How much does your head weigh?
How much does your head weigh?
The importance of maintaining good body posture
Whether we’re talking about the workplace or the home, we all know what happens if we don’t take care of our body alignment. Many problems stem from the fact that our head weighs several kilograms - approximately 4-5 kilograms, equal to a small 10-pin bowling ball apparently! So even sitting at a desk or leaning over a work-bench for long periods without a break can cause neck and back problems. These days using our small mobile devices involves leaning our head downwards to text or read. This puts huge forces on the neck vertebrae and muscles.
The team at Gong Life Care Solutions talk to many people who are carers of elderly people or people with disabilities in workplaces or in the home context. We know that employment in a caring role or caring for someone at home nearly always includes tasks that are physical. In an employment situation these physical tasks would be called “manual handling tasks” and are covered by Acts of law in the various states of Australia, and have legal definitions. The need for a legal framework has arisen because of the number of injuries sustained by employees due to manual handling tasks - particularly injuries to backs. These tasks include activities such as helping someone get out of bed, into a chair or wheelchair, or into a shower or bath, ie moving people.
In laws which apply in Australia (in respect of workplaces), a “hazardous manual task” is where you have to lift, lower, push, pull, carry, hold or restrain something. These days there is no specific legal weight limit for lifting, although this was the case some years ago. Whilst the laws clearly prescribe the various responsibilities in the workplace, many injuries still occur, mostly musculoskeletal injuries. However for ordinary community members looking after themselves or someone they care for at home, it is not always clear how to manage certain tasks without strain or awkwardness that could lead to injury. It is often not clear who to turn to for advice or even training on the use of equipment, or techniques for lifting, and so on. And there is always the stress and pressure of completing many activities in a busy schedule.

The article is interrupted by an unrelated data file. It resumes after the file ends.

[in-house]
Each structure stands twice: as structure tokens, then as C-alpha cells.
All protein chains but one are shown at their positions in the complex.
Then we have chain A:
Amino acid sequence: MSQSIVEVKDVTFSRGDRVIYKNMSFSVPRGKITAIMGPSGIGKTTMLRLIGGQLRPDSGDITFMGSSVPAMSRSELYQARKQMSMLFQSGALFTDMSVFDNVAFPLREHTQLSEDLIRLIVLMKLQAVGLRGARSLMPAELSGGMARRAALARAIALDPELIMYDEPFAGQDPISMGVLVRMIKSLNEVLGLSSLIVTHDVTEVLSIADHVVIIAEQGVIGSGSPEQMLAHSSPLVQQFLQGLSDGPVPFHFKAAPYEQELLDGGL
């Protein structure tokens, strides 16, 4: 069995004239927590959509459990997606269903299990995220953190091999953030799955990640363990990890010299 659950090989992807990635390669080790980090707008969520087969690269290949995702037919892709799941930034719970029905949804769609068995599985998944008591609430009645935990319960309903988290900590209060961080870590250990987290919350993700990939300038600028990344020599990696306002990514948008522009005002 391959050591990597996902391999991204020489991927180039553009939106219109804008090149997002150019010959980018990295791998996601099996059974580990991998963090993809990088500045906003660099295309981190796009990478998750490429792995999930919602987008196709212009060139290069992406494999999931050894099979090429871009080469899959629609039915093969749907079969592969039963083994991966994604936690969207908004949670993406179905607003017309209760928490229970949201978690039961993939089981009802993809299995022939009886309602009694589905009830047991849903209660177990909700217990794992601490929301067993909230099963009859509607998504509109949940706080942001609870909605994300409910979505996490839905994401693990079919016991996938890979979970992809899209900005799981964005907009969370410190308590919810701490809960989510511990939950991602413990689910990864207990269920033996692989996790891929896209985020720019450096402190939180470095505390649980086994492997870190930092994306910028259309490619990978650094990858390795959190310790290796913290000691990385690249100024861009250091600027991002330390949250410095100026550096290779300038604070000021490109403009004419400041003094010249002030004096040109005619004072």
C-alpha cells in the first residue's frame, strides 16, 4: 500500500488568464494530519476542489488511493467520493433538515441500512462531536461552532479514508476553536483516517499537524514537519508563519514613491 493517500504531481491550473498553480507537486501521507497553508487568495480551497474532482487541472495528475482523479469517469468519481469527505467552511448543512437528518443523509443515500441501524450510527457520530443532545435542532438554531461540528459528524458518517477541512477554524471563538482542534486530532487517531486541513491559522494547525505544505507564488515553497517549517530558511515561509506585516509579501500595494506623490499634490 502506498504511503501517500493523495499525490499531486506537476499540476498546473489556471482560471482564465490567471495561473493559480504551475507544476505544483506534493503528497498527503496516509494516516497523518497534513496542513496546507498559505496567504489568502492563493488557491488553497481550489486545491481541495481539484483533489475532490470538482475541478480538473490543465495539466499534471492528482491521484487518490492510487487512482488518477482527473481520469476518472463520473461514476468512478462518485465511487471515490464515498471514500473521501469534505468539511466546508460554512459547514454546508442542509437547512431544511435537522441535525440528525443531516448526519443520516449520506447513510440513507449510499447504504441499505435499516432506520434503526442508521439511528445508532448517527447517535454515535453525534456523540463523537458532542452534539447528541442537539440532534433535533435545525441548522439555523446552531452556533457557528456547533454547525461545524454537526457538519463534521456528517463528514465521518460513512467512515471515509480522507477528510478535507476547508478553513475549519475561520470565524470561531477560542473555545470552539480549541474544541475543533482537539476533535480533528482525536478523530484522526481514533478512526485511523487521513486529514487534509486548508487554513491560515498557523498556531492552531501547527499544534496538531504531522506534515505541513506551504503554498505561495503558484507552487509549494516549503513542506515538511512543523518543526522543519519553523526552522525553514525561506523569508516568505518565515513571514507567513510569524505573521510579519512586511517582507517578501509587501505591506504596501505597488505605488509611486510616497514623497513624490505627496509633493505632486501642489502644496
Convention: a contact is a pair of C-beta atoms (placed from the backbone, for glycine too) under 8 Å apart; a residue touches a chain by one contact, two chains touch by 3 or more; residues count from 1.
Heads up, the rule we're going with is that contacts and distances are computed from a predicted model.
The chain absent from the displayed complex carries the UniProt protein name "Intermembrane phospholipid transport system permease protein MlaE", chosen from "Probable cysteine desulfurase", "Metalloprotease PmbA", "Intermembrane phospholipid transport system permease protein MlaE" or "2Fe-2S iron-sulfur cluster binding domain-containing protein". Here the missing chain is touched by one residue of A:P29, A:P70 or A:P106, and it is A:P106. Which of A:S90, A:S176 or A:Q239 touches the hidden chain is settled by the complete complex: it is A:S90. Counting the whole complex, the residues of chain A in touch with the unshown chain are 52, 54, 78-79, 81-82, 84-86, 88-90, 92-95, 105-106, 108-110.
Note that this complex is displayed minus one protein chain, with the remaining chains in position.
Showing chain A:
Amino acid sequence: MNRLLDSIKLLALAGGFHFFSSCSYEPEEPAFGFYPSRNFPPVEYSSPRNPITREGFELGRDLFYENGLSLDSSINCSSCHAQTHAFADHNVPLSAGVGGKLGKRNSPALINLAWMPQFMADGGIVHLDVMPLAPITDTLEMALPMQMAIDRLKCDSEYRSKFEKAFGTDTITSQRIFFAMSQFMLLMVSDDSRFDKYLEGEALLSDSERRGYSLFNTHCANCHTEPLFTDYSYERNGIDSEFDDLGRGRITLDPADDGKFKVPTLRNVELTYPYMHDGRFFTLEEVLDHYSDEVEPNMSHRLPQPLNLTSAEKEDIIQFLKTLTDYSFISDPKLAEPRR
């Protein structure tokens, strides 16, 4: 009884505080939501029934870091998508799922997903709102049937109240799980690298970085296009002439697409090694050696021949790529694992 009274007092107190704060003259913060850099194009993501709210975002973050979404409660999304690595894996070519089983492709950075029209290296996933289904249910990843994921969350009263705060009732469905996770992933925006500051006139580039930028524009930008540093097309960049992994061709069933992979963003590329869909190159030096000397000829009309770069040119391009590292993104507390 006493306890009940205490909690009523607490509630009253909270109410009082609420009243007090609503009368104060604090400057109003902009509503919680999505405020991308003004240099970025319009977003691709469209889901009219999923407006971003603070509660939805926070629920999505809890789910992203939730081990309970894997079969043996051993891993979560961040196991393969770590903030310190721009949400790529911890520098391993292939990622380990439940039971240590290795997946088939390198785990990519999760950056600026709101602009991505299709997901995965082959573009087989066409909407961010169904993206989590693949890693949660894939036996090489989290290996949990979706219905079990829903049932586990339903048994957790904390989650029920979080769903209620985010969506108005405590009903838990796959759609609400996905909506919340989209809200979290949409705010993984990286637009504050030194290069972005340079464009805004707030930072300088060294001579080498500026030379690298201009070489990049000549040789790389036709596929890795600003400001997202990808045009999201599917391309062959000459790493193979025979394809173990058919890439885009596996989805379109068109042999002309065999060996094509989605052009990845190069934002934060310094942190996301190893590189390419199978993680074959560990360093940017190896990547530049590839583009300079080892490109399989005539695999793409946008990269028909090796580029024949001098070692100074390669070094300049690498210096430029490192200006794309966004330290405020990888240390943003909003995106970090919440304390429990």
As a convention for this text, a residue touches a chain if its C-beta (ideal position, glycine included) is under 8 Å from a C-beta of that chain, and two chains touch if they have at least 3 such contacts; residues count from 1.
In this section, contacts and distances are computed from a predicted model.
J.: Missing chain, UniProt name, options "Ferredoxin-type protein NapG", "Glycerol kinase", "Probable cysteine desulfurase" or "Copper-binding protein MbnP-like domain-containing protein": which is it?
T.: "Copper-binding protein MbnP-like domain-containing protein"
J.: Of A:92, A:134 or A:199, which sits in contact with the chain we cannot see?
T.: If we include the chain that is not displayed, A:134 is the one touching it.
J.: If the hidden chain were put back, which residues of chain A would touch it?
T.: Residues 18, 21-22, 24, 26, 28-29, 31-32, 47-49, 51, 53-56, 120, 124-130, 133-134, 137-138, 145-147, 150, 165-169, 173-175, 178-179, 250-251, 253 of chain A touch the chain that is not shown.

Improving posture and safety
Gong Life Care Solutions staff highly recommend talking with your GP or your health or disability support worker for information on how to seek advice from experts on using equipment correctly, or carrying out physical tasks more safely, as a carer. This would most likely be an Occupational Therapist, a Physiotherapist or a Nurse.
Some general recommendations for improving your posture can be found on the Australian government health website called Healthdirect. It is just a 4-minute read (or listen) and contains valuable tips for various situations that involve lifting. Specifically, when standing or walking, try to keep your back straight, your head facing forward, shoulders down and relaxed, and your weight balanced evenly on your two feet. When seated, keep your back straight, with your bottom seated right back at the back of the chair. Try to keep your knees and your hips level, and your feet flat on the ground. You may need a footrest to keep your hips and knees level. If you sit for long periods you should support your lower back against the back of your chair, such as with a small rolled up towel, or commercial product. These guidelines need to be varied for different contexts, eg for those who have physical disabilities or mobility issues.
Safe lifting and moving
One of the most common causes of lower back injury is inappropriate lifting technique. The Australian Physiotherapy resource group state that safe lifting is vital to minimize stress on the spine, thereby reducing the likelihood of lower back injury and lower back pain. They list some key safe lifting points for lifting objects, that would also apply to other tasks such as moving or pushing or pulling something, or indeed, a person. It is not safe for one person to lift another person alone or without proper equipment.
Imagine we are talking about folding and then lifting a foldable wheelchair into the boot of a car.